In answer to the question you pose, "...Or are we all standing outside the U.S. Capitol because it's the sexier story?"...I can tell you that although I will be standing in Lafayette Park in Washington, DC on 1/6 for a demonstration about this election, I don't find the idea of it sexy at all. Standing in the rain hundreds of miles from where I live to be in a sign-carrying crowd is NOT my idea of fun.

            I'm going because I feel very strongly that people who believe that racial disenfranchisement and secret software inside voting machines are wrong should go if they are able to.  I feel an obligation to support the reps I'm asking to put their careers on the line for this issue.  

            I'm going because I believe a picture is worth a thousand words...and I feel it's important to help create a picture that illustrates that the American people have NOT all been fooled and we're not going away until we get transparent, fair elections for all voters...not just the white, Republican ones.

            I guess I think that any political movement benefits from the wide variety of actions that different people bring to it.  I can't provide legal expertise...but I can be a warm body in the field-so that's what I do.

            •  I haven't seen it. (none)
              And I don't know what Ohio's public contracting law is like, but I'd imagine that it's a matter of public record. But I'd also guess that the contract itself is pretty benign.

              What's probably more interesting is what's not in the contract, like auditing and open-source requirements.

              I don't know who's the responsible contracting party on behalf of the jurisdictions using Diebold and Triad equipment and services. I imagine they'd have contracts with the elections authorities in each county that uses their equipment.

              Holt's bill can be reviewed online in the Thomas system. Search for the bill HR 2239.

              This link will direct you to a summary of the bill, its status, a list of cosponsors, etc.

              Holt's web site, of course, also has some info and this write-up.

              Plenty of good sites offering activist opportunities, as well. Just google "HR 2239" and go to town.

            •  One other question... (none)
              Why Lafayette Park on the 6th? All the action on the 6th will be 16 blocks away, at the Capitol. Are you marching? Or did you actually want to be outside of the White House because the action at the Capitol will be about counting votes for president, and so...?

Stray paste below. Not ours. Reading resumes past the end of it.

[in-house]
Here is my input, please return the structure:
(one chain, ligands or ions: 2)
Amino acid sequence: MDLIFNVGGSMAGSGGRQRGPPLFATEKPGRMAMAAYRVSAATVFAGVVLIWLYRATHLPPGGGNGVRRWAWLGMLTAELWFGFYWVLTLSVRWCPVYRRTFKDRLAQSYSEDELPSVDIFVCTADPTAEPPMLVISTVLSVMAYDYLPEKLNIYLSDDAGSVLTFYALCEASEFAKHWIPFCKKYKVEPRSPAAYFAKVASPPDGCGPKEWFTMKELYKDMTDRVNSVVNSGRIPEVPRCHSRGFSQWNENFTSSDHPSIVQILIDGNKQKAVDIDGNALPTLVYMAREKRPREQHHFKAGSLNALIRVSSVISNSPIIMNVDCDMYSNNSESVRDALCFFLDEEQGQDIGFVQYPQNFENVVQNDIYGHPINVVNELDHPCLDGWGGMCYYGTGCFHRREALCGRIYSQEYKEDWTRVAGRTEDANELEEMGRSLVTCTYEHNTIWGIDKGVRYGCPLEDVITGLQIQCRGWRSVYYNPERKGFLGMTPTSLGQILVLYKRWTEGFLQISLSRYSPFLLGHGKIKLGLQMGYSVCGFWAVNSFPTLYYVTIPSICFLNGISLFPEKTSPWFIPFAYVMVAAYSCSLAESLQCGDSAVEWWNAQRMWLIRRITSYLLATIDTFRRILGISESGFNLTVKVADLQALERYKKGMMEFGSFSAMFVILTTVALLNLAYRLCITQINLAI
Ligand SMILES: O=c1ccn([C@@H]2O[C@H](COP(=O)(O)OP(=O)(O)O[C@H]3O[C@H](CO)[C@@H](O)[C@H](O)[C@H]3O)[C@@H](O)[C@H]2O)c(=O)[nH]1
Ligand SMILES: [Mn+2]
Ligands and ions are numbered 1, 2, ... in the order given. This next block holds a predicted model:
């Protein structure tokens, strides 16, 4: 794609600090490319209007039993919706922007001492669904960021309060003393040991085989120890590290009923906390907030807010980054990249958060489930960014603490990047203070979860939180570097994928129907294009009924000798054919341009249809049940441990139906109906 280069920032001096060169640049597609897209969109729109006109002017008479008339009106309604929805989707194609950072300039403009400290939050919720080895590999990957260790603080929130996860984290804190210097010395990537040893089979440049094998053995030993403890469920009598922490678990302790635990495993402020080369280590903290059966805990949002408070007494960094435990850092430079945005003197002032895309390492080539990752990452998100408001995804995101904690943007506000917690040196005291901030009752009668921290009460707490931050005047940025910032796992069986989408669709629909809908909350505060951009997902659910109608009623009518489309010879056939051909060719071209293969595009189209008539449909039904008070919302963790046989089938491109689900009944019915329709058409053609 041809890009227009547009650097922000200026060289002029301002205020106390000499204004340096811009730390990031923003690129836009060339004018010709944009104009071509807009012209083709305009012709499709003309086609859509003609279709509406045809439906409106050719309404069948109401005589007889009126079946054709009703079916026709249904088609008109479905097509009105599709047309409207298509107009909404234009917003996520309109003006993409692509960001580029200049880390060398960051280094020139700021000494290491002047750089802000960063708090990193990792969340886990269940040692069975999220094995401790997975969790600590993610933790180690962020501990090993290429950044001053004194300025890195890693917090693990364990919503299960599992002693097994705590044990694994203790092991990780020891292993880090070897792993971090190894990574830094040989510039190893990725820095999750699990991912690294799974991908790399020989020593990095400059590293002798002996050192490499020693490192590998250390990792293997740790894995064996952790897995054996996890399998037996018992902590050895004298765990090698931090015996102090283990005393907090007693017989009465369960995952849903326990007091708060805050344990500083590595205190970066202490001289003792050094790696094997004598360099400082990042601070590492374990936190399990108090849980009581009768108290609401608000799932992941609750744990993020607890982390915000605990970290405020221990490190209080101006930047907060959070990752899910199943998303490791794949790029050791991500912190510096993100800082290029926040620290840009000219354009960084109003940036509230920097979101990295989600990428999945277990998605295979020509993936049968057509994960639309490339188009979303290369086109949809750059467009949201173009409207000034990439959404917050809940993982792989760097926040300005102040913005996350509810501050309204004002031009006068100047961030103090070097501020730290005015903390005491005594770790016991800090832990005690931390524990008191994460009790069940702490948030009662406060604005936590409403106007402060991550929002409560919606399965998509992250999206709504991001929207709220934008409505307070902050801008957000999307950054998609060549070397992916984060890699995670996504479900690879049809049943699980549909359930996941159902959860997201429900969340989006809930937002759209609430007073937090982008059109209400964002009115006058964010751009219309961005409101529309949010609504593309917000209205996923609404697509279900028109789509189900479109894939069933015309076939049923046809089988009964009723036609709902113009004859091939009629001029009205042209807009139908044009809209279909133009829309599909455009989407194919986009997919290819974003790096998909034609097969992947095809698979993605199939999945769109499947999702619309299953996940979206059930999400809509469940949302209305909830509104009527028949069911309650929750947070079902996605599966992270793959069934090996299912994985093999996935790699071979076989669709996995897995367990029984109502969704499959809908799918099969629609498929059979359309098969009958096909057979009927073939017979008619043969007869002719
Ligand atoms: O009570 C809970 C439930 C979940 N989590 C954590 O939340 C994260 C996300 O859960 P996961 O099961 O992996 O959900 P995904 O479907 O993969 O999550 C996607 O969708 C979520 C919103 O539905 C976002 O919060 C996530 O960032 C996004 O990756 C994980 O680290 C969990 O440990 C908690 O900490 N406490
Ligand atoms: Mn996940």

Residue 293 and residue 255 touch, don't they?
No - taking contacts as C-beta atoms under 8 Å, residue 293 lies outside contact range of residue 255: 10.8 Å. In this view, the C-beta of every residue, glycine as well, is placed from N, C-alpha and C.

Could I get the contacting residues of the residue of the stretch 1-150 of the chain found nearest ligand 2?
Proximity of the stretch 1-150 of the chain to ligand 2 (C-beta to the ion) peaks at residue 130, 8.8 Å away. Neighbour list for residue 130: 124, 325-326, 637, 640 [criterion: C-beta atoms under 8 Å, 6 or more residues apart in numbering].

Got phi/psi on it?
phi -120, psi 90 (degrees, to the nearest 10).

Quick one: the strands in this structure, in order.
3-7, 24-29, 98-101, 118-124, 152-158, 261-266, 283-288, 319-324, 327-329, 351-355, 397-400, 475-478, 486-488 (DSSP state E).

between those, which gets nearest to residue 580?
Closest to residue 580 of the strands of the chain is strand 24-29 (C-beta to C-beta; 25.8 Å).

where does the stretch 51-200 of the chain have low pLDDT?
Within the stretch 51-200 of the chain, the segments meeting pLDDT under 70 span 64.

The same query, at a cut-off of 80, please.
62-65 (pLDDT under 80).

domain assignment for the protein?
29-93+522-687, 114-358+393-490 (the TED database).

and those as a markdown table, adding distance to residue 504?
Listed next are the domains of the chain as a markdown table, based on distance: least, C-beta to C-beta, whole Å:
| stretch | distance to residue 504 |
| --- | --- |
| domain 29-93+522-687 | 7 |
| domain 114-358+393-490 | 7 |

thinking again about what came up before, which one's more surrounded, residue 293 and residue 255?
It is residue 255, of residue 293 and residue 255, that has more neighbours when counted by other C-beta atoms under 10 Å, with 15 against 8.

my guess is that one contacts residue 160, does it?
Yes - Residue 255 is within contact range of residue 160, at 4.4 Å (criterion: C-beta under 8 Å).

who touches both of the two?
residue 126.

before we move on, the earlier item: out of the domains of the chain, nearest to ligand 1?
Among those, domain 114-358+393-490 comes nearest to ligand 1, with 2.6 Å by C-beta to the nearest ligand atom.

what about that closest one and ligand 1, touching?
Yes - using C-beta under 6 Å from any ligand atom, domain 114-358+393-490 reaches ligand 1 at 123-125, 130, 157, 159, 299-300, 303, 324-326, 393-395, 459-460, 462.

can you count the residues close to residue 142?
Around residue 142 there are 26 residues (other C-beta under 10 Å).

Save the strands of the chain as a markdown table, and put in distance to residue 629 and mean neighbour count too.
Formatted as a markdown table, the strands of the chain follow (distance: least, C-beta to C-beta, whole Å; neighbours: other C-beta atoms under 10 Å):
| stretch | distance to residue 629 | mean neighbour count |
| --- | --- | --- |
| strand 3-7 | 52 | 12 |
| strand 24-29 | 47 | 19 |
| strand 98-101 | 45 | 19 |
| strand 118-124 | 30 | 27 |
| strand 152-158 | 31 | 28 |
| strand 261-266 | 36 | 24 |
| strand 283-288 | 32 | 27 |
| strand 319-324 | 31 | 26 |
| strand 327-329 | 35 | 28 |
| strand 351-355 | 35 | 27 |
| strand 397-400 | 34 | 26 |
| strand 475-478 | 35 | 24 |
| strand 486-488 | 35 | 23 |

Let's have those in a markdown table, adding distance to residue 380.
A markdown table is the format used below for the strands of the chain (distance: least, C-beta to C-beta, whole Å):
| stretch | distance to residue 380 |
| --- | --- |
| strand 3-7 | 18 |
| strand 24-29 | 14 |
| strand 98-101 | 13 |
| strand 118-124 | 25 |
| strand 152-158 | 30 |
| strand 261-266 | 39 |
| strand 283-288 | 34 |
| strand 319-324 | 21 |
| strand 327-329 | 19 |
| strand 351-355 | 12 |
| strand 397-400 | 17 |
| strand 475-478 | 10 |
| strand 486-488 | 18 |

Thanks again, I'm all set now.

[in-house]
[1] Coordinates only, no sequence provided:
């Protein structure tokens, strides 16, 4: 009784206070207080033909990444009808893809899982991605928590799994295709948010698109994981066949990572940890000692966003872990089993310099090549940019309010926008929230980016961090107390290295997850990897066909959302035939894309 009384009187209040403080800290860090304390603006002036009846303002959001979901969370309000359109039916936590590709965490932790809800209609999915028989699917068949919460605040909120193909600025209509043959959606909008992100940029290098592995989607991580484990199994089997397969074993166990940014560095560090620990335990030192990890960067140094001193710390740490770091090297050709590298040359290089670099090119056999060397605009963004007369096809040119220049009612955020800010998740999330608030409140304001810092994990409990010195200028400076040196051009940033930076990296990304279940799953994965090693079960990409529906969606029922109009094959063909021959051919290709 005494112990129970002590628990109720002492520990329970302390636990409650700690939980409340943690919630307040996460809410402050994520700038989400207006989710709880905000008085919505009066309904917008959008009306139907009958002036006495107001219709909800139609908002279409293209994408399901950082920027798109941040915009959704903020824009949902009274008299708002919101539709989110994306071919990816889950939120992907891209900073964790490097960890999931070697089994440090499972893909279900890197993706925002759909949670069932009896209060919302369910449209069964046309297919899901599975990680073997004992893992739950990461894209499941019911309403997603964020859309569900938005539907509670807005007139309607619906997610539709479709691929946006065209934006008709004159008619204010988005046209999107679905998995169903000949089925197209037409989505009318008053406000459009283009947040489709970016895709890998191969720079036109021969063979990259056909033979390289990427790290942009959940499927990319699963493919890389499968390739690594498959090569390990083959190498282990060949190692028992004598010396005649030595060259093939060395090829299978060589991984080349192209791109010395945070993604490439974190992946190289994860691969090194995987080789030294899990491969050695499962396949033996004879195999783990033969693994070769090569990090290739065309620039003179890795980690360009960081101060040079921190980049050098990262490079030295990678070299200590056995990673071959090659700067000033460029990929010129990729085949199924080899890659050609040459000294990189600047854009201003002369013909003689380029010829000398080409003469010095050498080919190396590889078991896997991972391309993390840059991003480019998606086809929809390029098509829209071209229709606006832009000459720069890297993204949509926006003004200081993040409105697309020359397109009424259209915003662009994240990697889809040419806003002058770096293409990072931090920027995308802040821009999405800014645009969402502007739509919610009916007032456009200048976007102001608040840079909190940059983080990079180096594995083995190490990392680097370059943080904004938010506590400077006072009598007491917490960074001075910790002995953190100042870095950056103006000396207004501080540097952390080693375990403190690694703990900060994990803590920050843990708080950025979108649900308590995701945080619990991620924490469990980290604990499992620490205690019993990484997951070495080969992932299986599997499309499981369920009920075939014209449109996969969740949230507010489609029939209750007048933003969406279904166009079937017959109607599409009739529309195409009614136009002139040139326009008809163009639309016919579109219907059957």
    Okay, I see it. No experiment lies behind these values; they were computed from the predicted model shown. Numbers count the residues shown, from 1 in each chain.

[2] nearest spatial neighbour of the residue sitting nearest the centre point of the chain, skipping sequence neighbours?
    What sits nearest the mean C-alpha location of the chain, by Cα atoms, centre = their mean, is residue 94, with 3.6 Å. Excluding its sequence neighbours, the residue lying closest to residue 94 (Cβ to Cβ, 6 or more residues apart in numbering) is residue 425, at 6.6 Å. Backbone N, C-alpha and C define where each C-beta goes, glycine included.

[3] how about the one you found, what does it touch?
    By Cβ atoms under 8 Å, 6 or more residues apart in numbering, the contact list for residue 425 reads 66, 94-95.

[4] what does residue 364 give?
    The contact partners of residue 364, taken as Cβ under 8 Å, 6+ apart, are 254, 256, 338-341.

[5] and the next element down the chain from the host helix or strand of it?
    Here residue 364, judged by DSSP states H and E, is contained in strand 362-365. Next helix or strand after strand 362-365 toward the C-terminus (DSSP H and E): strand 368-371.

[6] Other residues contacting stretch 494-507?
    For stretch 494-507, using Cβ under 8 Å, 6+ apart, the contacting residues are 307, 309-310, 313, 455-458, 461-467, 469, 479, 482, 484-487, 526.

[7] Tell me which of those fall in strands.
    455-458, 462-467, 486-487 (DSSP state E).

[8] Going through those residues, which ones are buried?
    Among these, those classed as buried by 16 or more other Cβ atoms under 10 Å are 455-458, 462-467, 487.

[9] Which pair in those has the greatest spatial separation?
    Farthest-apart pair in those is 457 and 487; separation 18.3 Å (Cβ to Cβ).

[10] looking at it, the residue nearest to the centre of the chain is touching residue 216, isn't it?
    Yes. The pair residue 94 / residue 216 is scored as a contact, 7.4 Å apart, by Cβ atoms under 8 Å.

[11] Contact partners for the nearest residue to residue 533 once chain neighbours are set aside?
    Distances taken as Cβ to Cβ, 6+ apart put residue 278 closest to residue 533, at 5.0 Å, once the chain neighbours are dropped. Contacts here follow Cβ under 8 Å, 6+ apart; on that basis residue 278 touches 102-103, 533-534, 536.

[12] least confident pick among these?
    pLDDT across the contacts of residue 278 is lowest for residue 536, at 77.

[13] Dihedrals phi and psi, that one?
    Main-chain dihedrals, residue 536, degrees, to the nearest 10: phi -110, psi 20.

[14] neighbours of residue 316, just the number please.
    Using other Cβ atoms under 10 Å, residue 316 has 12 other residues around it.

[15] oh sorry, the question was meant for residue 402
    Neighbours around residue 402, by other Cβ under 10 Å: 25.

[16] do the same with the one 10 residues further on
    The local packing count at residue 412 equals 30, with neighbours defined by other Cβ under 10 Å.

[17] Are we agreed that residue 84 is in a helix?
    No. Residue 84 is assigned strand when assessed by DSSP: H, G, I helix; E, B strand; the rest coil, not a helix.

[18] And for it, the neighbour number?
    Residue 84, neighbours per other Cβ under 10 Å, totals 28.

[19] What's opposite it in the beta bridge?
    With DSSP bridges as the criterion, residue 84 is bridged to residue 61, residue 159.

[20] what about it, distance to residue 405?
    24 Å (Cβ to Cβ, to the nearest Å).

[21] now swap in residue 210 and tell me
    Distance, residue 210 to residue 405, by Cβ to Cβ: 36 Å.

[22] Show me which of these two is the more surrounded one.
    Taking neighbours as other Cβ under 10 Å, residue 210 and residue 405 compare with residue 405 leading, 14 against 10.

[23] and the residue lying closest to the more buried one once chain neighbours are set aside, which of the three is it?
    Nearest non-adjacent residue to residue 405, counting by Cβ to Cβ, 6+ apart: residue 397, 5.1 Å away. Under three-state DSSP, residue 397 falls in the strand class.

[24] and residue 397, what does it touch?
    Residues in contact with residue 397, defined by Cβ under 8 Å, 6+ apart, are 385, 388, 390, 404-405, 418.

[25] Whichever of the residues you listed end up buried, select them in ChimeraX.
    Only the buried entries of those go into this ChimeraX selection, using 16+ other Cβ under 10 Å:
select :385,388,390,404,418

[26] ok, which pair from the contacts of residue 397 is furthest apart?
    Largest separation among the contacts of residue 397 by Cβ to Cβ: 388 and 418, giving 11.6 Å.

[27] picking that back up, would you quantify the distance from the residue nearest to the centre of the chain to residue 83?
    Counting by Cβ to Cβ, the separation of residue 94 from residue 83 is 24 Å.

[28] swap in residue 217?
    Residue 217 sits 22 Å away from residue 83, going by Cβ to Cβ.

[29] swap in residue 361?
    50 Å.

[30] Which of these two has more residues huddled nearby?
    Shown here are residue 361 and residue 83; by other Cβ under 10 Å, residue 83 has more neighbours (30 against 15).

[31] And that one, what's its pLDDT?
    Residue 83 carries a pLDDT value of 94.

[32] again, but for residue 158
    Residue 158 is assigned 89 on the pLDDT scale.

I guess I'm asking, why not outside the House, where the votes will be counted and any objections will be made?

              •  The demonstration is starting at 10:00 am (none)
                in LaFayette Park.  Cobb and Bonifaz will be speaking there.  Then the group will march together to Capitol Hill where Jesse Jackson, Sr and Cobb will speak.  That portion of the event is called a Defend Democracy Rally & Vigil.  The whole thing is coordinated with a Save Our Votes March which will be coming to DC from Maryland.

                So far, the action has been supported by United Progressives for Democracy, the Cobb/LaMarche campaign, Code Pink, D.C. Anti-War Network, Green Party of the U.S., Independent Progressive Politics Network, International Labor Communications Association, No Stolen Elections, Progressive Democrats of America, Rainbow/PUSH Coalition and Truth in Elections.

    •  core of democracy (none)
      I think the core of our democracy trumps all laws... I see it as more of a Constitutional matter that would require a judge to chose transparency over proprietary rights. Of course, I doubt too many winger judges would see it that way.
      •  All true. (none)
        But you have to ask them, first. And if they don't give you the answer you want, try again from a different angle.

        At the same time, you should be working to change the law, to remove their discretion from the equation.